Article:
Co nfiguration
management to ols
Ch an ge man ag emen t too ls
Do cu men tatio n too ls
Ed iting too ls
Planning to ols

Sp ecificatio n

Ian Sommerville 2004

Design

Implemen tatio n

Verification
and
Validatio n

Software Engineering, 7th edition. Chapter 4

Slide 46

CASE integration

Tools

Workbenches

Support individual process tasks such as design


consistency checking, text editing, etc.
Support a process phase such as specification or
design, Normally include a number of integrated
tools.

Environments

Support all or a substantial part of an entire


software process. Normally include several
integrated workbenches.

Ian Sommerville 2004

Software Engineering, 7th edition. Chapter 4

Slide 47

Tools, workbenches, environments


CASE
techn olo g y

Wor kb en ch es

Too ls

Ed ito rs

Co mp ilers

File
comp ar ators

An alys is and
des ig n

Mu lti-metho d
workb en ch es

Ian Sommerville 2004

Integ rated
en viron ments

Pro gramming

Sin gle-meth od
workb en ch es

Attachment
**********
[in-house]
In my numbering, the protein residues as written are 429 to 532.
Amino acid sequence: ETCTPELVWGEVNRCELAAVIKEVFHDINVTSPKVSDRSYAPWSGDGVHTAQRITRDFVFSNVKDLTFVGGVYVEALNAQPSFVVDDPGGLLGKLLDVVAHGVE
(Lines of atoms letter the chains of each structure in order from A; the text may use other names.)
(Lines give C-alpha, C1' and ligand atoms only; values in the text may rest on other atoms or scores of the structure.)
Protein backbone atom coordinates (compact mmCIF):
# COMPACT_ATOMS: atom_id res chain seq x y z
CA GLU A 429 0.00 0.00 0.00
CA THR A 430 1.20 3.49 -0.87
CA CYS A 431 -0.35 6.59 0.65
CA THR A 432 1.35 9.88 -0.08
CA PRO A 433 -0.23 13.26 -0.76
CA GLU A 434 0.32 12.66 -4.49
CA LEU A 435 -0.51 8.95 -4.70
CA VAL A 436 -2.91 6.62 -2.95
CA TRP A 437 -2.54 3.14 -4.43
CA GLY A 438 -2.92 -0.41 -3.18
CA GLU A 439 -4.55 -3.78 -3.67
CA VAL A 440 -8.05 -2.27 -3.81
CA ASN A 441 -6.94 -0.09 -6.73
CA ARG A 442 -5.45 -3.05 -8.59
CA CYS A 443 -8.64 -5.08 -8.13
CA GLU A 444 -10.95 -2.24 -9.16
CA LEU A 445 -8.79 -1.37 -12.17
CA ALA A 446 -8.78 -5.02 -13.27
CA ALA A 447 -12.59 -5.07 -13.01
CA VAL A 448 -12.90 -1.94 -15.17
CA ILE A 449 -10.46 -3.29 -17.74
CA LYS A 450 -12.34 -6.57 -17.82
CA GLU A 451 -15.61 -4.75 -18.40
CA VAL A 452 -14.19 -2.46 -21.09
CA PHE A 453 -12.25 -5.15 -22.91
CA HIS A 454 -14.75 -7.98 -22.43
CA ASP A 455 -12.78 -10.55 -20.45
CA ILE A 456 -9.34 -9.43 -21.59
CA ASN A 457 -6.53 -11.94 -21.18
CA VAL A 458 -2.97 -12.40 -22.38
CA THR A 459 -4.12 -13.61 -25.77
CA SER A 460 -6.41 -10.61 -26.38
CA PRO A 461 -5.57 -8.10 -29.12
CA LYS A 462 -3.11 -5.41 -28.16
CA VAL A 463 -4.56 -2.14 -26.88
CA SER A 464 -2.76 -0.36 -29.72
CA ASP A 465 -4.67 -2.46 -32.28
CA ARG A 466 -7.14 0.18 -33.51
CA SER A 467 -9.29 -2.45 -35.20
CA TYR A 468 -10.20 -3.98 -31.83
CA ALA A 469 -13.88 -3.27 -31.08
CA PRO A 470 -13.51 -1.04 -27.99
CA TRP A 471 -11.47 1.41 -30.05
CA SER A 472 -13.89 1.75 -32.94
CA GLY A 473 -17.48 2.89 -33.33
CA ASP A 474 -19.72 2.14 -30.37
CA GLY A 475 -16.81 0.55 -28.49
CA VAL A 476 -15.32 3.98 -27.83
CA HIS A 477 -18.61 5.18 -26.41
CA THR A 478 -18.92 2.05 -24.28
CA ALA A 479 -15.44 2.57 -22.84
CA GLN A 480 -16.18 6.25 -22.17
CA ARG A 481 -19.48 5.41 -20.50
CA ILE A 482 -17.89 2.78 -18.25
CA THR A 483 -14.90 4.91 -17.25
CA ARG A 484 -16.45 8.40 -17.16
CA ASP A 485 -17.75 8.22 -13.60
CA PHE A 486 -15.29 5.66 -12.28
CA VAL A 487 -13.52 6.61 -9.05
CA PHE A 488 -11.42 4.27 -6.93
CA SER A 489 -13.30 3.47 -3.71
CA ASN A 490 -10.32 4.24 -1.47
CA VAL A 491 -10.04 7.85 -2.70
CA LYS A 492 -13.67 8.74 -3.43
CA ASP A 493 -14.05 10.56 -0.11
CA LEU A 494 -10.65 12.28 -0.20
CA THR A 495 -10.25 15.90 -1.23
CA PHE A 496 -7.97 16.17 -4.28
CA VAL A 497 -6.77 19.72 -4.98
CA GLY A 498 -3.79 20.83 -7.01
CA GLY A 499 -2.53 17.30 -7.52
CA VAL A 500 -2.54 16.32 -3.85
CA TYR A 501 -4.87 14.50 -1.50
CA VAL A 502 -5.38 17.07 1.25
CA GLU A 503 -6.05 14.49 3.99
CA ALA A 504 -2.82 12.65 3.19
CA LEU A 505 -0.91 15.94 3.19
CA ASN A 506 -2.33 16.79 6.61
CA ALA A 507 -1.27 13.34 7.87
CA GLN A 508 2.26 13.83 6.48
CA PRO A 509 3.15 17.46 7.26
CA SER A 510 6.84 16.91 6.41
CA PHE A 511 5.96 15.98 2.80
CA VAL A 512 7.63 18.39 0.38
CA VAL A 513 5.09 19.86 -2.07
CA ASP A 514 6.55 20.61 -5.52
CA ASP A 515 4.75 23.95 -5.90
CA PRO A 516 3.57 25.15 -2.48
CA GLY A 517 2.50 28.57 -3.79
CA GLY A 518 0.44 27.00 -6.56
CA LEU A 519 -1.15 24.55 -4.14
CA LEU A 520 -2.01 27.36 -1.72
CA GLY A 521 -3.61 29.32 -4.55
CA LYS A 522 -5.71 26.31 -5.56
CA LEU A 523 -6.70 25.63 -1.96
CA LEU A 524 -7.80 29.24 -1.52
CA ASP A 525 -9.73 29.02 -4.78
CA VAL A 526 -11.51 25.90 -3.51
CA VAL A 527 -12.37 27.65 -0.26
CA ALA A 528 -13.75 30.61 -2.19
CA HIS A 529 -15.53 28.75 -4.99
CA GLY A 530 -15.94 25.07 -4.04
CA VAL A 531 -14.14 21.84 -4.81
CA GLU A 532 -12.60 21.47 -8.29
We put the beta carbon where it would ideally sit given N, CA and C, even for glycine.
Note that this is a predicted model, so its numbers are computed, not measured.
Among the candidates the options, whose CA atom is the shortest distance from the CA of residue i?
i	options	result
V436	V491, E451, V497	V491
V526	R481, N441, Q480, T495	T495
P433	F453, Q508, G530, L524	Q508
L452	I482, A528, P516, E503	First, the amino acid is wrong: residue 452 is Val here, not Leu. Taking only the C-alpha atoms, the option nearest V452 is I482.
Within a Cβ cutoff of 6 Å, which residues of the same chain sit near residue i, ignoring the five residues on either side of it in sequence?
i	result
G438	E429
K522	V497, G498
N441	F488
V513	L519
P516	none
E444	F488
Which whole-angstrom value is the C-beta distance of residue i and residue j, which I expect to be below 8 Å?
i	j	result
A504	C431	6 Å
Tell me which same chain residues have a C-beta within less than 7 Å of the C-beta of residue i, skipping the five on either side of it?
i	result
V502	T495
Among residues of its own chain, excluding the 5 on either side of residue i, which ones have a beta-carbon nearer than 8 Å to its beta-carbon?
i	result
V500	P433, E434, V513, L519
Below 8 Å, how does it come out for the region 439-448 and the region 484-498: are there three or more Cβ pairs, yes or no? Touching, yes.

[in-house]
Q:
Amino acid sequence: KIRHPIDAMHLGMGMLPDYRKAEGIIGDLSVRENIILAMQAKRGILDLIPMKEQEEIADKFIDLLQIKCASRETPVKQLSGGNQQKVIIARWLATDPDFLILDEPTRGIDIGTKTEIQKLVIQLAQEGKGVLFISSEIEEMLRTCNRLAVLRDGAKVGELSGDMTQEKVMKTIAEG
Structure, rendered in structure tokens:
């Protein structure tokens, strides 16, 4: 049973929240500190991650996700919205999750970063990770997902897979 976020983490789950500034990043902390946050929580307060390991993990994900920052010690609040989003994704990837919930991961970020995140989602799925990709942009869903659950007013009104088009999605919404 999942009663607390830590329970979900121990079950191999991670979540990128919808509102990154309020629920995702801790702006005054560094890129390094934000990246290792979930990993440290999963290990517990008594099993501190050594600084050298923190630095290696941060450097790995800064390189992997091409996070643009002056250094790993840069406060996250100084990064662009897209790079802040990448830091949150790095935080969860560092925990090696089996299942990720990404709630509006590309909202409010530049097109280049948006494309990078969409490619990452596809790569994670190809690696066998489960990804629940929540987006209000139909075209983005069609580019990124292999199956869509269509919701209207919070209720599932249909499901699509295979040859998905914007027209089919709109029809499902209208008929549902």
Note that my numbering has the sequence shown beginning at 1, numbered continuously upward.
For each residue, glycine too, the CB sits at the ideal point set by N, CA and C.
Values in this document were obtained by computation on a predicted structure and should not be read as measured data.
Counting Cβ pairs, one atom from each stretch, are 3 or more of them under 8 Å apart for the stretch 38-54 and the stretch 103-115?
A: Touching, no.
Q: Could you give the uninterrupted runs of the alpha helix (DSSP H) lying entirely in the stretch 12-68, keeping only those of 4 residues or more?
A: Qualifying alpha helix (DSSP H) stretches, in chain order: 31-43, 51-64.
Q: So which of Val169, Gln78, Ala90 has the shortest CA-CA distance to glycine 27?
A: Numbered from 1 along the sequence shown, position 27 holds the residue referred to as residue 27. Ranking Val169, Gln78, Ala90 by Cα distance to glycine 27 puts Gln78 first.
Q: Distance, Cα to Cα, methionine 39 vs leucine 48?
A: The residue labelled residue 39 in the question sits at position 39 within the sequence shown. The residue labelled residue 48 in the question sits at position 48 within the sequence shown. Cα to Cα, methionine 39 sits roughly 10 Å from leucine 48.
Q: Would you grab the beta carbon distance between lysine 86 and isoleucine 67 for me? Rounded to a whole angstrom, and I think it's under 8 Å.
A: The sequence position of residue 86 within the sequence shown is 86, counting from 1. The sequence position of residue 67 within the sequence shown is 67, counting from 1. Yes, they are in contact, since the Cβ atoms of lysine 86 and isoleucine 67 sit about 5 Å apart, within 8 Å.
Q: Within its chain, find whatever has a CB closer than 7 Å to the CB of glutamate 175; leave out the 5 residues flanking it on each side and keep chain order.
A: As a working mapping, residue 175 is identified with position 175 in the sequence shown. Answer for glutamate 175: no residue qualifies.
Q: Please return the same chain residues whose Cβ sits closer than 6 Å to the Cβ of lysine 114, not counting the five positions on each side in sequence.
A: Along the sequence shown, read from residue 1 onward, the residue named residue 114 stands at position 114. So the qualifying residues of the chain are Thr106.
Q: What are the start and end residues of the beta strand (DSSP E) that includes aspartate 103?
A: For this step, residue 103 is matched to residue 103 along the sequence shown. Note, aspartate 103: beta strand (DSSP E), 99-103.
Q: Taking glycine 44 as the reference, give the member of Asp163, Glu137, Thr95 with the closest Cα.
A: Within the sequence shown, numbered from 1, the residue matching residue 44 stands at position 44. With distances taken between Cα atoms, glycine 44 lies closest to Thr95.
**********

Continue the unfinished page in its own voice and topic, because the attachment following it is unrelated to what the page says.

Environ ments

Process -cen tr ed
en viron ments

Testin g

General-pu rp os e
workb en ch es

Software Engineering, 7th edition. Chapter 4

Lang uage-sp ecific


workb en ch es

Slide 48

Key points

Software processes are the activities involved in


producing and evolving a software system.
Software process models are abstract representations
of these processes.
General activities are specification, design and
implementation, validation and evolution.
Generic process models describe the organisation of
software processes. Examples include the waterfall
model, evolutionary development and componentbased software engineering.
Iterative process models describe the software process
as a cycle of activities.

Ian Sommerville 2004

Software Engineering, 7th edition. Chapter 4

Slide 49

Key points

Requirements engineering is the process of developing


a software specification.
Design and implementation processes transform the
specification to an executable program.
Validation involves checking that the system meets to
its specification and user needs.
Evolution is concerned with modifying the system after
it is in use.
The Rational Unified Process is a generic process
model that separates activities from phases.
CASE technology supports software process activities.

Ian Sommerville 2004

Software Engineering, 7th edition. Chapter 4

Slide 50